PEOPLE working charity’s that provide food to people in Alicante Province are concerned about the repercussions of next year’s budget cuts.
More than 20,200 families in the Alicante Province are dependent on the food banks for food. This number has nearly tripled in the past three years.
In 2008, 8,000 households or 20,800 people visited the Alicante Food Bank, according to its president Juan Vicente Peral. This has increased to 20,200 families or 70,700 people, and there are no signs of this demand slowing down. With many people’s unemployment benefits coming to an end, there is the expectation that these figures will continue to rise.
“This year has been unusually good for the Alicante province because we have been able to distribute five million kilos of food, 60 per cent more than last year,” said Peral. “Things will be more difficult in 2012, because the governmental cuts could mean less will be allocated to NGO’s.” “I do not know if we will be able to maintain giving the same level of food for another three years.”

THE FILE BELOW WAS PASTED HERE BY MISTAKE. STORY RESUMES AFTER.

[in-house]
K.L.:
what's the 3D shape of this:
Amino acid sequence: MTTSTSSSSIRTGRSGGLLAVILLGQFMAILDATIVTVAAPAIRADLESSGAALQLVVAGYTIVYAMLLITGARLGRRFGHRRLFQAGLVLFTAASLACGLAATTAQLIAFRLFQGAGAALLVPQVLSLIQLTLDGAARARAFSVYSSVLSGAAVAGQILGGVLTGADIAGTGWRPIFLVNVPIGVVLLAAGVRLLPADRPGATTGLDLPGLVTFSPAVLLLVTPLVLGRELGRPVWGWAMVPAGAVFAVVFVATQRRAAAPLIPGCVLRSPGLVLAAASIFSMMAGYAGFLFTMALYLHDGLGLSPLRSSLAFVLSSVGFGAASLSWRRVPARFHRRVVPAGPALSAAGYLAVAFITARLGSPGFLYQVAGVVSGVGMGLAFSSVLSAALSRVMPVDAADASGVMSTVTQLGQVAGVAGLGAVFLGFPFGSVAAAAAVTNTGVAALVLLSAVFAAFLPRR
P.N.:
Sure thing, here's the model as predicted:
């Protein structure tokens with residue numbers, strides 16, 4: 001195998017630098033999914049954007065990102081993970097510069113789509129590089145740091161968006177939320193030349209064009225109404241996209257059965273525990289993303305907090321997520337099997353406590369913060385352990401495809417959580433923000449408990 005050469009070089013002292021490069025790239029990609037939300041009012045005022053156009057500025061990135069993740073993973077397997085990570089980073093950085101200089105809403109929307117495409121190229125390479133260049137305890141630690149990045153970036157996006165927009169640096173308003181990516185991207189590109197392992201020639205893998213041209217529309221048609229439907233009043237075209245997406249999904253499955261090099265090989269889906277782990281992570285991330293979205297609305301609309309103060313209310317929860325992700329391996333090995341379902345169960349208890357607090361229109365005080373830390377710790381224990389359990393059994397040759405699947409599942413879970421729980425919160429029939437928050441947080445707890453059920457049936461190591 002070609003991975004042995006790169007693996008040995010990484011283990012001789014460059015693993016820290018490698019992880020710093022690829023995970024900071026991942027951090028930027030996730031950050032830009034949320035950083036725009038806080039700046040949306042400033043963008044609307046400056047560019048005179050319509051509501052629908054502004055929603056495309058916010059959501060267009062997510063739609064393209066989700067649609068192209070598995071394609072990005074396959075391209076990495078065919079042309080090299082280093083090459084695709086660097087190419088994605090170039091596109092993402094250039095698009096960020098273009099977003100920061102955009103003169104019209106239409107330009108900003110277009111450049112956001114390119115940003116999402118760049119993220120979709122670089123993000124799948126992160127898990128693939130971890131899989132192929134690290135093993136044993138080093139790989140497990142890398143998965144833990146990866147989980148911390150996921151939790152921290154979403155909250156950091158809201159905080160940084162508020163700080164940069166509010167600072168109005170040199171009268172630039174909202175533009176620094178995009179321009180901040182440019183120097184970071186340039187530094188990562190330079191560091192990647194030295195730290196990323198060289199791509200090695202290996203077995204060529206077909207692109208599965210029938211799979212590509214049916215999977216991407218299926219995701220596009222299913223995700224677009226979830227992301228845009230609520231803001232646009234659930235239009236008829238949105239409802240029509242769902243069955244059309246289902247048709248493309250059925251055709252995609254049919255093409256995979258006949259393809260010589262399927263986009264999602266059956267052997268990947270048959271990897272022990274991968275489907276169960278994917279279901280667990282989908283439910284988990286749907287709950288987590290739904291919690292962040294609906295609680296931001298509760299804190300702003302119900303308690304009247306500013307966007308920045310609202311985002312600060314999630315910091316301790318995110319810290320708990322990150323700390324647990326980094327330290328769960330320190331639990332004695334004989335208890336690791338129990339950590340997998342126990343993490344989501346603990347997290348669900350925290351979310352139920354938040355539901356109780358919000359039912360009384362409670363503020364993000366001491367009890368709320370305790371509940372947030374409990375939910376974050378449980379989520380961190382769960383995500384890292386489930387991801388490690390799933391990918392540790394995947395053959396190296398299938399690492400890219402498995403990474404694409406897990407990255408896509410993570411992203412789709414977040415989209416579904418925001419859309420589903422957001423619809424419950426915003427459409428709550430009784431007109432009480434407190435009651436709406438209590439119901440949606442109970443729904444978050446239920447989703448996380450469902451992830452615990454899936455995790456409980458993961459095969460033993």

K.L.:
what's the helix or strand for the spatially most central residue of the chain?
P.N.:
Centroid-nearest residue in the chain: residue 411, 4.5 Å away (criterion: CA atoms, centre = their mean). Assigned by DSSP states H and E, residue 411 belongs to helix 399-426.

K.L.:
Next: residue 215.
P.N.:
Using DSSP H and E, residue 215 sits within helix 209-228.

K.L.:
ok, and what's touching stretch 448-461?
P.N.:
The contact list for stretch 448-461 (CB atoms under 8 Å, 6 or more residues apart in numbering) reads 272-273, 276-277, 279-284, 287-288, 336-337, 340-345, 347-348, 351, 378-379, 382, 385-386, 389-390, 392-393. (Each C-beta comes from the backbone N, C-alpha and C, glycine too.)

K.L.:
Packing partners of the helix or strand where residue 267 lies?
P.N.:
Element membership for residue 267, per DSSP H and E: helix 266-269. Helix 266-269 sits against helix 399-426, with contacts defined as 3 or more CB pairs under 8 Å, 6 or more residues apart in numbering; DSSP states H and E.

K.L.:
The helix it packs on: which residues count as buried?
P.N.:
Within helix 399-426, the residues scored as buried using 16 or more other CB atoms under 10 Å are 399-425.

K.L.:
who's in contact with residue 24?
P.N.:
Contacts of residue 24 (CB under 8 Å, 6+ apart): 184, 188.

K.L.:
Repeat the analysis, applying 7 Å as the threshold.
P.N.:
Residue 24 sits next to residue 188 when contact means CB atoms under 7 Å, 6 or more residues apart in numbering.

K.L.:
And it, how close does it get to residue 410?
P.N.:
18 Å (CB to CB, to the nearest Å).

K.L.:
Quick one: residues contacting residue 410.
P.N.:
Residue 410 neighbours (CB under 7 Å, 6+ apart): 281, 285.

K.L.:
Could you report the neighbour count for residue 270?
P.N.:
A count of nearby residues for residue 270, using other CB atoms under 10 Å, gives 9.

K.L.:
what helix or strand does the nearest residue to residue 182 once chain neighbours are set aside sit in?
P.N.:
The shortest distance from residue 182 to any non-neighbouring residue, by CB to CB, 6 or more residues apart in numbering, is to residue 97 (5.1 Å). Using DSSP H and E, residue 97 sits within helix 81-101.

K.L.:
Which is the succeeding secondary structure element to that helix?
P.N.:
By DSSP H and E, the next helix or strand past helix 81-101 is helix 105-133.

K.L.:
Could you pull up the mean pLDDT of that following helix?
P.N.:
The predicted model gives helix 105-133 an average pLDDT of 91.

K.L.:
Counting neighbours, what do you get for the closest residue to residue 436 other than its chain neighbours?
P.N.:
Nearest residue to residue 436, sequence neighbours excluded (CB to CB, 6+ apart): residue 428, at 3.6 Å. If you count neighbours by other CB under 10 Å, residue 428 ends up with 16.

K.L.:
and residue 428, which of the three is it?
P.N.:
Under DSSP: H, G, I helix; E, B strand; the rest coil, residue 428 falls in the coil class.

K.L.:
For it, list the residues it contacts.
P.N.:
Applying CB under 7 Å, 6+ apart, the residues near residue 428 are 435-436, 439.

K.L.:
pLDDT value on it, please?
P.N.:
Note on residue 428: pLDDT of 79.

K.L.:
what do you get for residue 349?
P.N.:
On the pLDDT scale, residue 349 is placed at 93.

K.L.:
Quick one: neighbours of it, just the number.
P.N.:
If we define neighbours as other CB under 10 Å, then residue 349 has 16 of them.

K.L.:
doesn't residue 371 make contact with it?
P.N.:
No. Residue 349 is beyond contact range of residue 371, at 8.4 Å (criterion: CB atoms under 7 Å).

NGO Caritas San Nicolas project volunteers give out every morning “snacks and yogurt to homeless people, unemployed construction sector workers who have nothing to eat and elderly people with €300 pensions that does not cover their living expenses,” according to volunteer Antonia Llorens.
“It is difficult for homeless people to get out of the hole they have sunk into. Some sleep on the street, other on the beach and there does not seem to be a solution for them as they cannot find work.”
By Nicole Hallett